Jul. 3rd, 2010

wolffe: (tiger)


It was November of '93 when Jason came home from a hunting trip with his Dad (the only one he ever took) and told me about this dog. He'd never really had a dog before, and I was actually trying to talk him out of it since we didn't have a good place to keep a dog. I don't think he knew me well enough at the time to know what was going to happen, but he told me the owner of the camp was going to kill the dog if we didn't go get him.

The next words out of my mouth were "get in the car."

It was raining, cold and dark when we got to the camp in Coffeeville, AL about an hour's drive from Mobile. We got out of the car and ... no dog. We called for about 5 minutes. No dog. I was just about to give up when this dark brown hound of hell came slinking out of the woods. I looked at it. It looked at me. Jason asked how we were going to get him in the car. I opened the car door, said "load up" and he jumped right in. On the way back, we drove with the windows down even though it was freezing and raining because the dog stank SO BAD.

The first thing we did when we got back to my dorm room was give him a bath. We were amazed that he wasn't brown. Seriously, we both looked at each other in shock when he was clean.

And that was how we got Tiger. He was about 8 months old when we picked him up that night. He had buckshot in his face, ears and chest most likely from a botched attempt to kill him. I always said the buckshot made him super dog.

We put him to sleep yesterday at 3pm. It wasn't an easy decision to make, but I knew his arthritic hip was causing him a great deal of pain. The euthanasia itself didn't go as I had planned or hoped. He was sedated, and laid down where I held him. After the first dose of euthanasia was administered, his heart continued to beat and he continued to take in great lung fulls of air. After 3 minutes, a second dose was administered. It still took another minute before he gave up and the vet pronounced him gone.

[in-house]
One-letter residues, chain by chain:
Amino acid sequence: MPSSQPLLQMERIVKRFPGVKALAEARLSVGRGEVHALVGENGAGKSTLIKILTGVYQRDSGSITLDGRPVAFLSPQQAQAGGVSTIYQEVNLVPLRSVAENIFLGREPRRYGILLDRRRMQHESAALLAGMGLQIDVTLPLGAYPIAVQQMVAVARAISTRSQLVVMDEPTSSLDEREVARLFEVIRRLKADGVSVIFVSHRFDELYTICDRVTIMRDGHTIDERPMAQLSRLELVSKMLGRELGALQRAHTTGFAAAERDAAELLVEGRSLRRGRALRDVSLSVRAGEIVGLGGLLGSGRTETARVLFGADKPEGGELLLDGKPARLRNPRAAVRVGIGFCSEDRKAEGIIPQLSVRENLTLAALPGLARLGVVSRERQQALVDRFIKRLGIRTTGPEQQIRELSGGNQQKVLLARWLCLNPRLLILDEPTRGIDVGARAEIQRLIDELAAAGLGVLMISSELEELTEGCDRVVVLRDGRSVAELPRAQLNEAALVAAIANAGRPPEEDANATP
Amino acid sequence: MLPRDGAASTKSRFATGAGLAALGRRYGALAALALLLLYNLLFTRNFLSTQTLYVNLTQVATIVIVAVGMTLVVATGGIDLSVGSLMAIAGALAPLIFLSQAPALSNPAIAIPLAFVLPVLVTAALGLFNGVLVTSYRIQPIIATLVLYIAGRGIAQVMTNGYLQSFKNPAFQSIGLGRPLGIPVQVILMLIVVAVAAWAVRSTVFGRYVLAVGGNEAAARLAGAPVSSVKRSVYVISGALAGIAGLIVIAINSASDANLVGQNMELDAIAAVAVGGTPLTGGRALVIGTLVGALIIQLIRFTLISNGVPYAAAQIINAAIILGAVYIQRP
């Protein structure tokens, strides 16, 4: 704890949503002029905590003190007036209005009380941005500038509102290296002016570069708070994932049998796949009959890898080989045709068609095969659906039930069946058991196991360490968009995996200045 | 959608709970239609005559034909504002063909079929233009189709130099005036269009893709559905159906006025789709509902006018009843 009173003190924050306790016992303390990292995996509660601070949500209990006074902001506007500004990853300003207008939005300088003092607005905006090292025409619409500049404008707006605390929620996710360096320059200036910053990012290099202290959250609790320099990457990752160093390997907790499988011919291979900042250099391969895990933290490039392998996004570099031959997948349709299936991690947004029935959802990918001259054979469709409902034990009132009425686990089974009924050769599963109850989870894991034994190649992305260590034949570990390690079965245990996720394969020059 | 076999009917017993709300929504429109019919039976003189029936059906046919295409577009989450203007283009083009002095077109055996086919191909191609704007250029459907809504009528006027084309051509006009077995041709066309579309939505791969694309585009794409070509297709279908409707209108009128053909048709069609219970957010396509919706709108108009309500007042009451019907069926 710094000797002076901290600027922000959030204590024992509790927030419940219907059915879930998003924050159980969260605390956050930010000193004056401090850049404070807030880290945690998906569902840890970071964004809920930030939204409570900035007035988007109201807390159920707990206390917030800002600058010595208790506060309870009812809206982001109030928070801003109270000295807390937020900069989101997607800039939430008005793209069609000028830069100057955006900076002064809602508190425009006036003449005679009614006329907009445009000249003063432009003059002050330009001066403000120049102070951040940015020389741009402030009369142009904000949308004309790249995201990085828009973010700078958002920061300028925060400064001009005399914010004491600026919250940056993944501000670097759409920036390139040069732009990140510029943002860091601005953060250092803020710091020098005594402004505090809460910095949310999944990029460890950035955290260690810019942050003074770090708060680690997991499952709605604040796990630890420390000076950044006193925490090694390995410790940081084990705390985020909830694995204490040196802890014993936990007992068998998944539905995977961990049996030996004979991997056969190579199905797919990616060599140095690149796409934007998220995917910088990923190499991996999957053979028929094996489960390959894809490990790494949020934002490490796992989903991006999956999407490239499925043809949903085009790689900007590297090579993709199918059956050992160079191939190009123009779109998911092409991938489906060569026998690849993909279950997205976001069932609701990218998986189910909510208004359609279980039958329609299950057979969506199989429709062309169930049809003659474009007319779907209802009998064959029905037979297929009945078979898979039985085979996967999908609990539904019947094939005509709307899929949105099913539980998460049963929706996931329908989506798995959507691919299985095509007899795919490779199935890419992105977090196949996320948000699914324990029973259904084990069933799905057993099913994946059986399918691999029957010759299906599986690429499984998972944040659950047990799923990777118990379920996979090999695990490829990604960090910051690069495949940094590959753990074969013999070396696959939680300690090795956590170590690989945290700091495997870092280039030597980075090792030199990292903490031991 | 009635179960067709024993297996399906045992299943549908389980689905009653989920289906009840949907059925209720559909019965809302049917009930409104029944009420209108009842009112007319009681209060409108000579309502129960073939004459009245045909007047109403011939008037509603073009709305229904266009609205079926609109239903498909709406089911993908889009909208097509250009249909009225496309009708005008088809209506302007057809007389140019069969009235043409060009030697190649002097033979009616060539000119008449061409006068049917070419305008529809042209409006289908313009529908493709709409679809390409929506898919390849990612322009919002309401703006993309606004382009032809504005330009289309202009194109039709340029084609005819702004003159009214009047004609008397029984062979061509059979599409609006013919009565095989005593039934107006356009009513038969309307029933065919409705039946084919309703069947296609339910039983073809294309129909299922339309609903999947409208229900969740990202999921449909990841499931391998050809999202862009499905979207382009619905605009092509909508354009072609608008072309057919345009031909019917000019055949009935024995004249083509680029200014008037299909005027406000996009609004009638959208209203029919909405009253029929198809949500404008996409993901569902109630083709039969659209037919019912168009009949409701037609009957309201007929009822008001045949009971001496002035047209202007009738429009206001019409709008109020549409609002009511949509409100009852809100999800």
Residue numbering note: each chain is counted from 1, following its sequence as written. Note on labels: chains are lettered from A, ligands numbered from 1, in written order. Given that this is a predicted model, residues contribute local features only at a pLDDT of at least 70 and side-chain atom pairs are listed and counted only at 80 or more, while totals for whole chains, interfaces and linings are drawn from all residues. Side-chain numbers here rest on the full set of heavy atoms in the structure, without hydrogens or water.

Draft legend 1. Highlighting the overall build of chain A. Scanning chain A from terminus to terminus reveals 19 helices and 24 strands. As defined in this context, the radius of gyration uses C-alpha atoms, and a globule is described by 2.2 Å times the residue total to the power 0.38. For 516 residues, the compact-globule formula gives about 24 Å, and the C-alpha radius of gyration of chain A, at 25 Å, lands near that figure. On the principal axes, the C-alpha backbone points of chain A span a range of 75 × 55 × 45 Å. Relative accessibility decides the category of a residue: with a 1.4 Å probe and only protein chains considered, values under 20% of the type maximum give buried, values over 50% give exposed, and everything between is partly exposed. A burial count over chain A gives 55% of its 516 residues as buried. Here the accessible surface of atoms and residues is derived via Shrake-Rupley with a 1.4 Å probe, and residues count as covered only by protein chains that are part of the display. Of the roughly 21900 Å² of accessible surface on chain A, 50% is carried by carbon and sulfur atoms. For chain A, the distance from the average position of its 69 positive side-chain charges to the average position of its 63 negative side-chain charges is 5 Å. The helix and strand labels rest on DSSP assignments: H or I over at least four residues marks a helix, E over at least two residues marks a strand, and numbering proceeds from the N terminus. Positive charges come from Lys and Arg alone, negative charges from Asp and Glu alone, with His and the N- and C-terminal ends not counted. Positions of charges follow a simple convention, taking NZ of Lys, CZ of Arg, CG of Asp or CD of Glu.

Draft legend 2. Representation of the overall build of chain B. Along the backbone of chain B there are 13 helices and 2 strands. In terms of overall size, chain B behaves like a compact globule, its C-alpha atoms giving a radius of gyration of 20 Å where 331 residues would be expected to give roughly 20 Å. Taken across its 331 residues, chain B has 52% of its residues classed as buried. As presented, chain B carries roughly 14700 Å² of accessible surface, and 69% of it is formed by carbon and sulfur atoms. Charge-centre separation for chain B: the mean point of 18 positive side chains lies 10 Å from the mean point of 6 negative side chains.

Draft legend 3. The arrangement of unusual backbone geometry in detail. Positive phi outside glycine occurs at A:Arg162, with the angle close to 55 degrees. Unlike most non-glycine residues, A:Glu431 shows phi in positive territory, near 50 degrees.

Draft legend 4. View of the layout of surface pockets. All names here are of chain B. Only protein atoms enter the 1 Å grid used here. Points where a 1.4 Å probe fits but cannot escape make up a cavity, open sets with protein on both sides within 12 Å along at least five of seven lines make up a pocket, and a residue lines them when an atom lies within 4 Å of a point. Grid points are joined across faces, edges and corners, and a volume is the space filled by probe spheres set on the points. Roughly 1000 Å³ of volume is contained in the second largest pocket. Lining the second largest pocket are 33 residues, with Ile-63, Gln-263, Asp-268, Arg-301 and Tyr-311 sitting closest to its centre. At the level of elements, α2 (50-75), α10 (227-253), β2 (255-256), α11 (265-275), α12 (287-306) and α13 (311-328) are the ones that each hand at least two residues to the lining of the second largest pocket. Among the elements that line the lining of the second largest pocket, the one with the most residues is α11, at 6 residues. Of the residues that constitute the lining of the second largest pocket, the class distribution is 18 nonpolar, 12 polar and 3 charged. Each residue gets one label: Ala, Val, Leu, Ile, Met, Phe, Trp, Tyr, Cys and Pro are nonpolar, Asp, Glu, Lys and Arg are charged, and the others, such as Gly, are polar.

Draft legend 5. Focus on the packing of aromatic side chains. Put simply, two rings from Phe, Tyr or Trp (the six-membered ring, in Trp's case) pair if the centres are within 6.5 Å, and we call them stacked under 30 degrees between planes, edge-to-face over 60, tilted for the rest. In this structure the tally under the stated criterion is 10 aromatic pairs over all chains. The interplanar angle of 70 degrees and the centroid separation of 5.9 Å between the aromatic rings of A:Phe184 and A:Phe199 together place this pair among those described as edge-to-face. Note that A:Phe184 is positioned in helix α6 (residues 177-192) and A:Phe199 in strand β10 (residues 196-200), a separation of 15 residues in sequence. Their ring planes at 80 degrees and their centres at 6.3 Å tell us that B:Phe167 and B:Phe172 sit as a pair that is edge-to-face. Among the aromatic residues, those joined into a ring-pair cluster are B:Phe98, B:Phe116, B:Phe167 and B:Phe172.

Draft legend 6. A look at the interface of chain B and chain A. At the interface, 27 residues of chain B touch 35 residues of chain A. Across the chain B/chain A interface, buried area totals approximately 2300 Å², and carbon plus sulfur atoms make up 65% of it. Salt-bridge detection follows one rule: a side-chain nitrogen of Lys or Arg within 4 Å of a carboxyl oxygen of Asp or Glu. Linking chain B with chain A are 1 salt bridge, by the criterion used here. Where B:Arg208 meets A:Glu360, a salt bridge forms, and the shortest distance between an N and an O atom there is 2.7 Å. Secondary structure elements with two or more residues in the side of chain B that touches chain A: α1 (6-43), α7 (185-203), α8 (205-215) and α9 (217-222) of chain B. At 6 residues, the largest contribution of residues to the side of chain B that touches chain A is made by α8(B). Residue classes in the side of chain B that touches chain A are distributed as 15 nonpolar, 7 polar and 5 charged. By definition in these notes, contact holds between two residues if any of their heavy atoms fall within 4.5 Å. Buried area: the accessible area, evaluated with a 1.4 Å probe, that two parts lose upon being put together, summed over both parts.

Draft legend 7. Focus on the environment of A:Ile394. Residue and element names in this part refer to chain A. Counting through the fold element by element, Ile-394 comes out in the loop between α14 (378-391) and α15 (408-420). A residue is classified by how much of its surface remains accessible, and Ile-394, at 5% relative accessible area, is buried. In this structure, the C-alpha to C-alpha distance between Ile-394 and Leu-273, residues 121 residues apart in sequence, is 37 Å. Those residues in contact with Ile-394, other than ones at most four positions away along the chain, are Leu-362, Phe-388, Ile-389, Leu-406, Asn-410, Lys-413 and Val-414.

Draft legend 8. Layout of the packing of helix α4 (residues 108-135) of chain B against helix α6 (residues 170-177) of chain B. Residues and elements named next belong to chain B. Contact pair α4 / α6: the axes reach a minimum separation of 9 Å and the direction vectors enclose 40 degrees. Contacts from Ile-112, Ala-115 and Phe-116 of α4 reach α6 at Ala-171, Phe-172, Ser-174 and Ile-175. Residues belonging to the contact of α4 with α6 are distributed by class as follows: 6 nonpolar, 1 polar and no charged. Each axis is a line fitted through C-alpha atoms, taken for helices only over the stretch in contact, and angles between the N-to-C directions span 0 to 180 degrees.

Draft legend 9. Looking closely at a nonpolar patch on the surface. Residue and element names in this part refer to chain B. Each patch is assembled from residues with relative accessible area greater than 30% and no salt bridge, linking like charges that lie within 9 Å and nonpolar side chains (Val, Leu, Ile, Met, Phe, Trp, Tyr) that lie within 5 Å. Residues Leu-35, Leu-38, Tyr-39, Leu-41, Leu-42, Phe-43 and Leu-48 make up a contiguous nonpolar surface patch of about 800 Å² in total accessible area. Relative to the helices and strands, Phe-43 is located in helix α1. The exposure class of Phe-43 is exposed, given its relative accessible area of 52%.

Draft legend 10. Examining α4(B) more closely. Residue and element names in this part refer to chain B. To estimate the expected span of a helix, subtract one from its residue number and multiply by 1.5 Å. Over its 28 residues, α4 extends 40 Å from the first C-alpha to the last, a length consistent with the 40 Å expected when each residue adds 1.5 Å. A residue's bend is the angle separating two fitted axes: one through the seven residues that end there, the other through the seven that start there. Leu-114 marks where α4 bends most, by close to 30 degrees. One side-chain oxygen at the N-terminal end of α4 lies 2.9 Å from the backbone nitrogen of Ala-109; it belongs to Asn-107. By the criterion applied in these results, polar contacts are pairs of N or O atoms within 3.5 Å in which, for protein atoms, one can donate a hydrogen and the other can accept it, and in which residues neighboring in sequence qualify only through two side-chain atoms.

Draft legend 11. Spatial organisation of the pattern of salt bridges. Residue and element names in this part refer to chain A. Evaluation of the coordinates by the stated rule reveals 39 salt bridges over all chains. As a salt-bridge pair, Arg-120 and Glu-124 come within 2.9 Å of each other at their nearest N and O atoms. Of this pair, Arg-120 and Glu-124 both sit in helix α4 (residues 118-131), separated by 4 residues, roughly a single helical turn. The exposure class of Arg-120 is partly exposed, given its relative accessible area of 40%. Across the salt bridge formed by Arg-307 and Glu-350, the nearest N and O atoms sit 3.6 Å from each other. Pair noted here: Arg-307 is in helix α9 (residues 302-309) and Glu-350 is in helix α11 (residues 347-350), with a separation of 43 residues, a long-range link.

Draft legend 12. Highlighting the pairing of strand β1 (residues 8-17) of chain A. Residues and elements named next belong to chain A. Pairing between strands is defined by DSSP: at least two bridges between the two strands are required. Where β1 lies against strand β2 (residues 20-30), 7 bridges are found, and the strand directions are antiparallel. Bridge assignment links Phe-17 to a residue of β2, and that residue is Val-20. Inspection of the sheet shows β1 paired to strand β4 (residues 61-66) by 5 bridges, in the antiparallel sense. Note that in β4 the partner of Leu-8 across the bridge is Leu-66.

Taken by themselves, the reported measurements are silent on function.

This will haunt me for the rest of my life. I thought he was ready to go, but I can't say that after what happened. Mom and Jason have been trying to reassure me that it was the right thing to do, and life struggles to live no matter how much pain there is but it makes no difference. I know I made a mistake. I should have waited until he was ready. I rationalized the decision and I can't take it back.

My dog is dead and buried and I wish I could take it back. I know in my head that I'm really raw emotionally and he was in pain and certainly struggled to get around some days. But I also know that he wasn't ready and despite the fact that I never would have been ready that was the absolute worst experience and I never want to repeat it.



As much as I remember him smiling and chasing squirrels and putting my leg to sleep with his huge head I will never wipe the image of him gasping out of my mind. The only good thing I can say is that he was sedated, and didn't feel anything. I felt everything for him.

April 2017

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